A well stock pantry has all your dried grains and beans. Choose the healthiest products, such as; wheat berries, barley, lentils, soy beans, brown rice, small white beans, veggie burger mix, whole grain breads, whole grain wraps or pita, to name just a few. Breakfast items should include your fortified healthy cereals, steel cut oats, oatmeal, pancake mix, 100% maple syrup and honey.

Seeds and snacks that are healthy include sunflower, pumpkin seeds, flax seeds, pine nuts, walnuts, hazelnuts, almonds and soy nuts.

Oils and vinegars are usually in the pantry also. The healthiest choices are canola, olive and flax seed oil. The vinegars include balsamic, red wine, and apple cider.

As for your canned products, a larger variety of beans will come in handy with chick peas, cannellini, black and red kidney beans being the best choice. Keep crushed, whole plum and diced tomatoes, tomato paste, corn kennels, tuna in water, salmon in water, fat-free refried beans, pumpkin and evaporated skim milk.

Nourishing Whole Grain Bread source fanobread
Nourishing Whole Grain Bread source fanobread
Well Stocked Refrigerator source appliancenet
Well Stocked Refrigerator source appliancenet

Refrigerator and Freezer Items

In your refrigerator the suggested list is a bit longer. Keep skim, soy or rice milk, fat-free buttermilk, orange or other 100% natural juices, flaxseed oil, omega-3 eggs, low fat yogurt, low-fat string cheese, fat-free pudding, nonfat ricotta, tofu, Mozzarella cheese, part-skim, Dijon mustard, fat-free salsa, hummus, avocado, unsalted peanut butter, a healthy margarine, all-fruit preserves. Then, in your produce drawer keep lemons/limes, tomatoes, scallions, bagged baby carrots, bagged spinach, lettuce of mixed greens, other produce (like broccoli, zucchini, squash, etc), sun dried tomatoes, fresh herbs (one bunch at a time as the they have a short shelf life), roasted red peppers in vinegar, horseradish, olives, capers fat-free polenta and whole grain sliced bread.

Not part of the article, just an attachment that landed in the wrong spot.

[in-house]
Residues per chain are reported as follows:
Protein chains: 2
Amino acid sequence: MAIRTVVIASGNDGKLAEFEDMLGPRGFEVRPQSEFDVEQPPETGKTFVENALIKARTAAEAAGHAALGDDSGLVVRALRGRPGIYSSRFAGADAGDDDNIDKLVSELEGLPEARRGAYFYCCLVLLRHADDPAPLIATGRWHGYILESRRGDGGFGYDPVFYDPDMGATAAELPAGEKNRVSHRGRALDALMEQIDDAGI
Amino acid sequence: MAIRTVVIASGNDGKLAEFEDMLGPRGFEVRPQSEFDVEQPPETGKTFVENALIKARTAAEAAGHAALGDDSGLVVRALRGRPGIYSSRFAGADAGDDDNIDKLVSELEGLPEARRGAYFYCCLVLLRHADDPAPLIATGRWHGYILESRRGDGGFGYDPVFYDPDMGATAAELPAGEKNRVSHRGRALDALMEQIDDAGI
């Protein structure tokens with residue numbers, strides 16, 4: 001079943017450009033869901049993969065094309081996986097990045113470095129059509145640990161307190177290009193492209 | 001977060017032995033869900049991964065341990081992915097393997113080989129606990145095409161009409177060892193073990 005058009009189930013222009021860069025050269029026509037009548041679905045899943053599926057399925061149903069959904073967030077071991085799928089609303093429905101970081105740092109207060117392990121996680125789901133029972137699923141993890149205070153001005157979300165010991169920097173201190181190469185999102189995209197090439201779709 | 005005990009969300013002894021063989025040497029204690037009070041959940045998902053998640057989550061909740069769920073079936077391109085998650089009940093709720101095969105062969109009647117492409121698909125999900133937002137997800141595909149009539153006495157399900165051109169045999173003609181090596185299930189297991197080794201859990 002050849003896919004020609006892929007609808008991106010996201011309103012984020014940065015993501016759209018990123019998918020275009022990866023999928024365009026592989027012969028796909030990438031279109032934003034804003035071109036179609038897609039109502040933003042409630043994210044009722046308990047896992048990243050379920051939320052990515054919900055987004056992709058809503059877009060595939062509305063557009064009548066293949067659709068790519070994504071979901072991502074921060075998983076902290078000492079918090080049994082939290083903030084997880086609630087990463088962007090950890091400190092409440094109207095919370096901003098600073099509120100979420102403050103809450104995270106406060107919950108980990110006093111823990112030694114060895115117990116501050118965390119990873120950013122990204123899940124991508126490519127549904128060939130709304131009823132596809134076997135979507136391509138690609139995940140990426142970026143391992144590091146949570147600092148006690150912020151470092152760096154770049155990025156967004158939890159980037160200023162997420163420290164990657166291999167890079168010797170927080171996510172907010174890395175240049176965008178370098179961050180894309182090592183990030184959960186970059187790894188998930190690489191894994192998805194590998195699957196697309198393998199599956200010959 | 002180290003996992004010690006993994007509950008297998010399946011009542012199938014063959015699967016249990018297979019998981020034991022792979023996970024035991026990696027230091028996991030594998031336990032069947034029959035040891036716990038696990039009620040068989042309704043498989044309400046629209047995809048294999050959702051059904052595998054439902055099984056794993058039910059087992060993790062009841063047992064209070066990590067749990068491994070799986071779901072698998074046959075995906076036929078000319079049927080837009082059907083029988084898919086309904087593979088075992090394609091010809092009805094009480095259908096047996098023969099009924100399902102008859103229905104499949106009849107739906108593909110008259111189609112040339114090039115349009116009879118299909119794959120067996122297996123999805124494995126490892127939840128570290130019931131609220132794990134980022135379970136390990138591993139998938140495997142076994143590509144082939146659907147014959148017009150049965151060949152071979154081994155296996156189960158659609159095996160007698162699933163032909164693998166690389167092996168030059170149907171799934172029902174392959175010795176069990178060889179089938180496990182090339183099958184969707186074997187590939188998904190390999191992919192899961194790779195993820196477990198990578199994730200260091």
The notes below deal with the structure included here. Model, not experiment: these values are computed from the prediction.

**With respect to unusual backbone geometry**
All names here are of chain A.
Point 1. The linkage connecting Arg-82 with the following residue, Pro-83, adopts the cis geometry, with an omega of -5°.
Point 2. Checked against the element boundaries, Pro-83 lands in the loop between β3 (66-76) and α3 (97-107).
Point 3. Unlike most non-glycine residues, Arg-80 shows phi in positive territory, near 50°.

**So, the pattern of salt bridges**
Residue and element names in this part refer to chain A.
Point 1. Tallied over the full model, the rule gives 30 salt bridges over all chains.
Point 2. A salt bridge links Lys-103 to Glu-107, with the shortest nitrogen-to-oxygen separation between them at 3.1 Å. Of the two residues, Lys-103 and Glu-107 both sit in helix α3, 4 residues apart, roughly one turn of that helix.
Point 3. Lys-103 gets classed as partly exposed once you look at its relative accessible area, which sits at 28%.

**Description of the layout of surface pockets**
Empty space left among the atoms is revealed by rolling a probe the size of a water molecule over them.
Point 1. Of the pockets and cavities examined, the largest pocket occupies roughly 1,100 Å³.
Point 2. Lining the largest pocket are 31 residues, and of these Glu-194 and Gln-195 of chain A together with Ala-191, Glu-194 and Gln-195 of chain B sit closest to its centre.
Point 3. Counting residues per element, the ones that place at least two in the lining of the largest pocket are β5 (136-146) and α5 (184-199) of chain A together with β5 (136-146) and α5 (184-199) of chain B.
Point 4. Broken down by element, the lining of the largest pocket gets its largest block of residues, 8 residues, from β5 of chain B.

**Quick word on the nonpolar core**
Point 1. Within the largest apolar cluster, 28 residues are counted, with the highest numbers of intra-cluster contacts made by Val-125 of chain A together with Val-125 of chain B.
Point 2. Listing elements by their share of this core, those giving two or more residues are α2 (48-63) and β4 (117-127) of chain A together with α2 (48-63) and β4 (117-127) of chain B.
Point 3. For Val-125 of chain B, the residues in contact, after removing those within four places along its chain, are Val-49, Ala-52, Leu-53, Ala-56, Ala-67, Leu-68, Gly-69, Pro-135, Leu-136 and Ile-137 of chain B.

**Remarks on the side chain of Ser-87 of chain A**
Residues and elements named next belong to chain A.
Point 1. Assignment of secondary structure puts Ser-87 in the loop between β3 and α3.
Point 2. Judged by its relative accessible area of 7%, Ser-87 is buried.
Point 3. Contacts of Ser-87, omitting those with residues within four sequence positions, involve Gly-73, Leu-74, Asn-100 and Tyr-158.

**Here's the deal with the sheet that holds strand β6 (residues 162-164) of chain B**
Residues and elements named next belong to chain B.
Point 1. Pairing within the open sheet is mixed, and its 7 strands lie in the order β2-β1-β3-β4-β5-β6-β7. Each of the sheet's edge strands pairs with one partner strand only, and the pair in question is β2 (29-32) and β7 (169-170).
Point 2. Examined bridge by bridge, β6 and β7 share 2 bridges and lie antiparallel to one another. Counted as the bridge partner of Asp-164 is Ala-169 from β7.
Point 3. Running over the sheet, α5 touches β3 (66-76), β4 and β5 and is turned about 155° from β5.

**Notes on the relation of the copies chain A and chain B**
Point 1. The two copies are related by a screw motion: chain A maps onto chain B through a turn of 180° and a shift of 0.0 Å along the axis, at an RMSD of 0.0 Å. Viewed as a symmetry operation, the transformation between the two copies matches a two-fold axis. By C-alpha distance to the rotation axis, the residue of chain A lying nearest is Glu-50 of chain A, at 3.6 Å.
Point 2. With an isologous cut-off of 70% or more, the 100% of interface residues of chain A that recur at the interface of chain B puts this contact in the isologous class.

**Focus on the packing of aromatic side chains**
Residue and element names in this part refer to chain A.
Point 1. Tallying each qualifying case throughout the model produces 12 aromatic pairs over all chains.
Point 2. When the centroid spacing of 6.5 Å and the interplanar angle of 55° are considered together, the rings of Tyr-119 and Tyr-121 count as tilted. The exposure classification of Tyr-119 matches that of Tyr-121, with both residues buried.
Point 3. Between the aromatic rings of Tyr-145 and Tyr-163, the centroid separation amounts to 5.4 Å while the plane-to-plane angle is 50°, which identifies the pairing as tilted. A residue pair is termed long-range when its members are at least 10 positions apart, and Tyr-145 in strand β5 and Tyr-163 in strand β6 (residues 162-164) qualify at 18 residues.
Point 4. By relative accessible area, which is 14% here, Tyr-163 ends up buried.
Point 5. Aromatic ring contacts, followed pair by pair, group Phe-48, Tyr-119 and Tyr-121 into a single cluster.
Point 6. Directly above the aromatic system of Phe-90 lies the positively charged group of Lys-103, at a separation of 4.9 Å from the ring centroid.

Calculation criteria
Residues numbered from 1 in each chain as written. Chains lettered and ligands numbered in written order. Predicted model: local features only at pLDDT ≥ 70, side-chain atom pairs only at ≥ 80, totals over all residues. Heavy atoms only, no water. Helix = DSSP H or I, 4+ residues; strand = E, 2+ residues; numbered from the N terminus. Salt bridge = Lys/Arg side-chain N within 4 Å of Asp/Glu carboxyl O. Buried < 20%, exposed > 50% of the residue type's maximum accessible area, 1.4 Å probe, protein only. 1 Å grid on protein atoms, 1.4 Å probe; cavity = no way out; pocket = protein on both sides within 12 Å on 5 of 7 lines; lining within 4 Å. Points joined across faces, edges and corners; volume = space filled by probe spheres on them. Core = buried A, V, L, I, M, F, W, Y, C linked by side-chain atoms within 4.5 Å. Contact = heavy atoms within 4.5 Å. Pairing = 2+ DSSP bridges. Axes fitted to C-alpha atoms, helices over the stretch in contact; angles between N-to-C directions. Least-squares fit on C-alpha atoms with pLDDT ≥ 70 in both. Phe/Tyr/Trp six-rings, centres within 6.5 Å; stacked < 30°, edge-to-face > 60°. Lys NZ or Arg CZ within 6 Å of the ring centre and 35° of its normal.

Moving on to the freezer, keep frozen berries, i.e. strawberries, blueberries, etc., lean ground turkey, filet of sole, peas, boneless, skinless chicken breast, shrimp, salmon steaks or fillets, veggie burgers, fat-free yogurt, sorbet, and you can keep fruit juice concentrates.

source jollycooking
source jollycooking


Seasonings are most important as we can add all kinds of wonderful flavors to otherwise bland food. The list is long but I imagine you already have many of these in your home. The suggested healthy seasonings include; garlic powder, nutmeg, oregano, paprika, red pepper flakes, salt (or lite salt), thyme leaves, ground turmeric, rosemary, basil, cinnamon, coriander, cumin, curry, cilantro, fennel seeds, bread crumbs (unsalted), cooking wines (vermouth, sherry, red), dried mushrooms, fat-free low-sodium vegetable and chicken broth, low-sodium soy sauce, and fresh black peppercorns and pepper mill.

In Conclusion

There are some root vegetables to keep on hand as well; potatoes (baking, red, Yukon gold, sweet or yam), fresh garlic cloves, onions (yellow and red), shallots, fresh ginger root.

Last, but not least for many people are the healthy snacks. Fresh fruit tops the list and is always preferable over caned. Keep a variety of dried fruit also, such as raisins, dates, figs, and apricots. Keep fat-free whole grain crackers, pretzels, corn chips, salsa, microwave popcorn, trail mix and some homemade or healthy granola bars.

Obviously you and your family may not like all the things listed here, but this long list is to give you an idea of the healthy choices that are preferable. If you empty your pantry and refrigerator of the fattening unhealthy food, these are numerous healthy items you can purchase to restock. Then, it’s up to you to grab a quick healthy snack versus that candy bar, or come home and put fish in the oven instead of driving through the fast food restaurant. It is much easier to adhere to a healthy cooking diet with the proper nutrients when you have a nice variety of healthy food at your fingertips.

© 2010 Pamela Oglesby